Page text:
Wesley: Probably more often than other artists revisit their work. Some people are really shy, but like, to me, I made it for myself and for other people to enjoy. I have to listen back to stuff to go, does it still hold up? As I’m writing new work, sometimes I’ll reference back to stuff I’ve done previously and go, “Am I just repeating what I’m doing? Has it gotten a little bit better?” Because if I’m doing a song that’s quite similar to another song that I’ve done previously, that’s fine. That’s just called having a style. But if I’m not improving on it, or if I’m not getting closer to something that I find a bit more interesting or adding some twist to it, then I feel like I’m getting bored of my own songwriting.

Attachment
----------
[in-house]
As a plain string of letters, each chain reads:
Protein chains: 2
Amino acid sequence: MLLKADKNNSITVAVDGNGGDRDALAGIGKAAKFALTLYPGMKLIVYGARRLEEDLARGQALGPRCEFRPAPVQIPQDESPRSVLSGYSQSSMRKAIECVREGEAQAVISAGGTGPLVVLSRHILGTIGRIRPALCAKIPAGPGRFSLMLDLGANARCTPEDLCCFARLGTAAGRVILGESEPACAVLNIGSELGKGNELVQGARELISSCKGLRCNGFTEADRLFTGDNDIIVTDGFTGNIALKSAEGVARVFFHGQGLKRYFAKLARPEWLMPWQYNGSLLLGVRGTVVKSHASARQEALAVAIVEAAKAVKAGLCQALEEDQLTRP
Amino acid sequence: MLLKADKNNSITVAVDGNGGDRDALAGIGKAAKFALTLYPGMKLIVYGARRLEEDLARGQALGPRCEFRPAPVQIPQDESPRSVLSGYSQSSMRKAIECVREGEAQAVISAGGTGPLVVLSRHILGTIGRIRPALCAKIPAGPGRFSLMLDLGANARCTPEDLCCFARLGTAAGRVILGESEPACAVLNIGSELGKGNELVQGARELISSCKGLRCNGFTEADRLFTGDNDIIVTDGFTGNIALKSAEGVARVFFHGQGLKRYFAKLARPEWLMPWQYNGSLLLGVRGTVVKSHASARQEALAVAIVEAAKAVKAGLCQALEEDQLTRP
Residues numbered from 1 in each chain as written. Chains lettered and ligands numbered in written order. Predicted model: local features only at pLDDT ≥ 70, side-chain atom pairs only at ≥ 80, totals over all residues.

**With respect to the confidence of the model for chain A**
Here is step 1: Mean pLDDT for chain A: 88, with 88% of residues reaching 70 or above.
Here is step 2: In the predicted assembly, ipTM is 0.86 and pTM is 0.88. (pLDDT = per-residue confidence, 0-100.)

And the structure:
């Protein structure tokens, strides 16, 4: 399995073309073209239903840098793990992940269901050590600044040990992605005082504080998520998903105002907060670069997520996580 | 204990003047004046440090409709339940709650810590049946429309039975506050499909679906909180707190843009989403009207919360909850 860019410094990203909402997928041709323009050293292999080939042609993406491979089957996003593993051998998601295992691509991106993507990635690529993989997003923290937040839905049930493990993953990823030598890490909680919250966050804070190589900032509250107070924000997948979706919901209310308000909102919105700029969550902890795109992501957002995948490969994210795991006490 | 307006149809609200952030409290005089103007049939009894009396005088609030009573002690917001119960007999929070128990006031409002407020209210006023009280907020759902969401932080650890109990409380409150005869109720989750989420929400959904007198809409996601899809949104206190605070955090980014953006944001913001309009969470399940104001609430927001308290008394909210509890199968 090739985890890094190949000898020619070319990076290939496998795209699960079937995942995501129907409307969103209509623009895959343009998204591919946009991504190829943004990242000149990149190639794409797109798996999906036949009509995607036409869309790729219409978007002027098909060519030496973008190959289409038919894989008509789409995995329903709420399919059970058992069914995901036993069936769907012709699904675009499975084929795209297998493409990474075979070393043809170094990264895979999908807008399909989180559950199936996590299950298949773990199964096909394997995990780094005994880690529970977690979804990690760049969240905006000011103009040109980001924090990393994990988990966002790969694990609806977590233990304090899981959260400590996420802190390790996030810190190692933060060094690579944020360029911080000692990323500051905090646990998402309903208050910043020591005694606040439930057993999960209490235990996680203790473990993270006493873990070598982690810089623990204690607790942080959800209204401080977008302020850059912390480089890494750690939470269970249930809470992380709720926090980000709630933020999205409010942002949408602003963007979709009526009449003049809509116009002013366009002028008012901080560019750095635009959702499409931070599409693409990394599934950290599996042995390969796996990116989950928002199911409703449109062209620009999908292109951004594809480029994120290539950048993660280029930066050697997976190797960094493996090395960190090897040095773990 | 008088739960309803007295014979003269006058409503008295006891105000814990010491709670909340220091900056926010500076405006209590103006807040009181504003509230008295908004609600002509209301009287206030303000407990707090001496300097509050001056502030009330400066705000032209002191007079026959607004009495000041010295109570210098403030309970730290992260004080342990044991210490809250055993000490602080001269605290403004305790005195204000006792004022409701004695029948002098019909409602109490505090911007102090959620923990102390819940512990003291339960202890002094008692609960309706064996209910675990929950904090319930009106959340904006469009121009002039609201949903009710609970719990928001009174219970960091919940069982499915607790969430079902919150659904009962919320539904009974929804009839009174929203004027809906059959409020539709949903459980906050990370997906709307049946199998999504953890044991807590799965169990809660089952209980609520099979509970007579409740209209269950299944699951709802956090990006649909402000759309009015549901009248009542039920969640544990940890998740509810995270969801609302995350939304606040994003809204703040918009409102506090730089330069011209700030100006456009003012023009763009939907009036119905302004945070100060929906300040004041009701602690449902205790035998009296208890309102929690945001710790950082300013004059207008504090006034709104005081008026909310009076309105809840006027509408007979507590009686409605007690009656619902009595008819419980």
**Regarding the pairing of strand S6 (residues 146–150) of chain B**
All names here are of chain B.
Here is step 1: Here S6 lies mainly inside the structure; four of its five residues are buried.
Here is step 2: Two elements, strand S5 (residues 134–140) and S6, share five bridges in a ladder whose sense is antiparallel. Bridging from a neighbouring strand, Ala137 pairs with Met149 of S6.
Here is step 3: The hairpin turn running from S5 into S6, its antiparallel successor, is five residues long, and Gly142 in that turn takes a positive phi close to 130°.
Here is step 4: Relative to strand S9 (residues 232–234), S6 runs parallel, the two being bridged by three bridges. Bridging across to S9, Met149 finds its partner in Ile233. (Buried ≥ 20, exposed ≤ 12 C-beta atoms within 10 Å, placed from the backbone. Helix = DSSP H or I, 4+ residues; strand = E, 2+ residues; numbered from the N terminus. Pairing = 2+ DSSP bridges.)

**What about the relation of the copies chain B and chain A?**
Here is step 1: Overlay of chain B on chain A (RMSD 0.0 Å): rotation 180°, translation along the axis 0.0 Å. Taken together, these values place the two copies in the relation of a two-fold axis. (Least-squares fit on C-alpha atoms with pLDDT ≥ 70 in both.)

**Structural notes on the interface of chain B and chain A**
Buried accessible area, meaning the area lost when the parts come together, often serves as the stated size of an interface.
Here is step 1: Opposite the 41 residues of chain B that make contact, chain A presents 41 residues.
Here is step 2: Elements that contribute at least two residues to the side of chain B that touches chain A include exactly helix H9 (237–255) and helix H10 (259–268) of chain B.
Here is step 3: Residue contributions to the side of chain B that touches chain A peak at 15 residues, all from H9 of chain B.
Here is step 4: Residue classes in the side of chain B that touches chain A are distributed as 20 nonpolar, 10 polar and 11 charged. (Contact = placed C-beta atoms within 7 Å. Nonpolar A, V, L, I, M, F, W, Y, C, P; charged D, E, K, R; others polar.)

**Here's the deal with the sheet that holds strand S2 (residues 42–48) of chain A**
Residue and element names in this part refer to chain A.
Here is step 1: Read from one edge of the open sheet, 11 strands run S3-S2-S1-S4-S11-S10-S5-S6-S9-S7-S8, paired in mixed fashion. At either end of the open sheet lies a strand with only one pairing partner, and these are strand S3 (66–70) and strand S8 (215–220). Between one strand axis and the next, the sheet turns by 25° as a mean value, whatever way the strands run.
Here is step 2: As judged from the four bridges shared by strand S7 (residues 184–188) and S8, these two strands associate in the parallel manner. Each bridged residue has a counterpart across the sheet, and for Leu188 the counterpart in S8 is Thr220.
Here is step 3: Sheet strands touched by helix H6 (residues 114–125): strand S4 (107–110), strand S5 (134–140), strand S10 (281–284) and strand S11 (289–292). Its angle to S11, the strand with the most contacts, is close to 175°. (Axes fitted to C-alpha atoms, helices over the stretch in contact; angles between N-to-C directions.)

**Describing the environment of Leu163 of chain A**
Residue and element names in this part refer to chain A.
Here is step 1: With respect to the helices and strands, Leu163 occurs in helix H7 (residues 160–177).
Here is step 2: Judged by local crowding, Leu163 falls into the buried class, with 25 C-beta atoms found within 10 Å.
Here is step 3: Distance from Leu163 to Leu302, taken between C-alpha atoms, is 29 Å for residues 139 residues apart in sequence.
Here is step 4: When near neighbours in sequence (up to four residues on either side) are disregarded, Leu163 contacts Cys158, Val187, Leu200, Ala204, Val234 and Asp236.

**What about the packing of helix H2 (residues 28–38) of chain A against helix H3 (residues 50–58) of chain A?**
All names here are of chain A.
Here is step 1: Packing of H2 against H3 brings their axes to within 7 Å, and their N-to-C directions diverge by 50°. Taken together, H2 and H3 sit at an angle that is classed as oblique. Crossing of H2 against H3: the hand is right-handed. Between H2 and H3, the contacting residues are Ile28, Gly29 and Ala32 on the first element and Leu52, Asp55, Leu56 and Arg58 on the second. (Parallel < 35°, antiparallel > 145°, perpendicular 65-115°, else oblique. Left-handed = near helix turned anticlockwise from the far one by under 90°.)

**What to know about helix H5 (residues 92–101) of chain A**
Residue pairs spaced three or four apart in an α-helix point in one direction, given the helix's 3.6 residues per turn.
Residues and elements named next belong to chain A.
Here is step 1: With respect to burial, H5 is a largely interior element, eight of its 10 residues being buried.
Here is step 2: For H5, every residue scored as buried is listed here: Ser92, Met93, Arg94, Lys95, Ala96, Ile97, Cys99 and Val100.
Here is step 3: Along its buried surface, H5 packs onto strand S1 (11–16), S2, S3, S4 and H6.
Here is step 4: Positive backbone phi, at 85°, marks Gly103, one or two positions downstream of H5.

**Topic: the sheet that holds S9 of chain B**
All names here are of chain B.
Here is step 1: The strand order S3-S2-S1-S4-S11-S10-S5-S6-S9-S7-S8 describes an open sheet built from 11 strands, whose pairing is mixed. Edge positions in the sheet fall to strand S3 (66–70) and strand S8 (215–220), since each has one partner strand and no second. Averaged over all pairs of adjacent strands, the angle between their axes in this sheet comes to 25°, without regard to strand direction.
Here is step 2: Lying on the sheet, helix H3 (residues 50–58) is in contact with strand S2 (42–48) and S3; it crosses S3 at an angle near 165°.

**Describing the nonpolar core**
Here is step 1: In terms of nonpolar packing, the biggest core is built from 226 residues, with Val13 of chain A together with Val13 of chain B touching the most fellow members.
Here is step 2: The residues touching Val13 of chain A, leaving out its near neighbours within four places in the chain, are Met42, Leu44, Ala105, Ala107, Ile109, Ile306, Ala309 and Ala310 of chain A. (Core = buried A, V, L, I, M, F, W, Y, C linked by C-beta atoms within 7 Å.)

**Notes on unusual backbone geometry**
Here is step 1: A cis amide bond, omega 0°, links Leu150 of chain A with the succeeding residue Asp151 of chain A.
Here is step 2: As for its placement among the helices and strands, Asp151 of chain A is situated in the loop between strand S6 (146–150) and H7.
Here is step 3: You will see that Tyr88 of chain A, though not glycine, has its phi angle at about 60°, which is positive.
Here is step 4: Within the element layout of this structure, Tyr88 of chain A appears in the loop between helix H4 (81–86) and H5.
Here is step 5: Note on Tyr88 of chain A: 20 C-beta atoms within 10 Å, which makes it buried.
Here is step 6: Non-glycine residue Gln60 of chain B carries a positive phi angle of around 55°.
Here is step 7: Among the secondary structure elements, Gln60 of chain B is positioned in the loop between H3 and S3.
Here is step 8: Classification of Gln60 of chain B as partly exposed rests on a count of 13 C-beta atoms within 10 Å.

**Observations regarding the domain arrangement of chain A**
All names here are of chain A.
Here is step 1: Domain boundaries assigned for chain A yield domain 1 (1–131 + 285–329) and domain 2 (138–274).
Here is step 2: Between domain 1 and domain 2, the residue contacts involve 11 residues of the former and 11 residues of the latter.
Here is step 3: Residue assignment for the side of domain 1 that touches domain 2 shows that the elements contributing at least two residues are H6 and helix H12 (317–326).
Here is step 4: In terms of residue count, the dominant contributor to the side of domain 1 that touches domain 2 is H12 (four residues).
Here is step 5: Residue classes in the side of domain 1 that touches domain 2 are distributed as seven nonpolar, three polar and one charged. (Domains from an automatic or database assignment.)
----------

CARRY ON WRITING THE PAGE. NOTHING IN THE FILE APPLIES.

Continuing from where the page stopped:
Caryn: Do you currently have a tape recorder or Dictaphone now?
Wesley: Yeah, I’m using my phone a lot, but also something called a Zoom recorder. It’s digital and it’s much better for sound recordings. I have a recording of my nephew and my mom and me because we were trying to get this dog to howl and I just started recording it. And I used it for one of the tracks because I like the ending. It’s something just for me. I’m just like, that’s three generations of the Chung family all howling together, and the song title is “Rumspringa,” that idea of sowing your wild oats in the Amish community. So I like the idea that it’s the Chung wolf pack. There’s something that has all these layers of meaning for me, but for other people it might just be like, “Oh, that’s a cool sound.”
Caryn: Do you have the desire to share that information in any way with the listeners who want to dive deeper into it?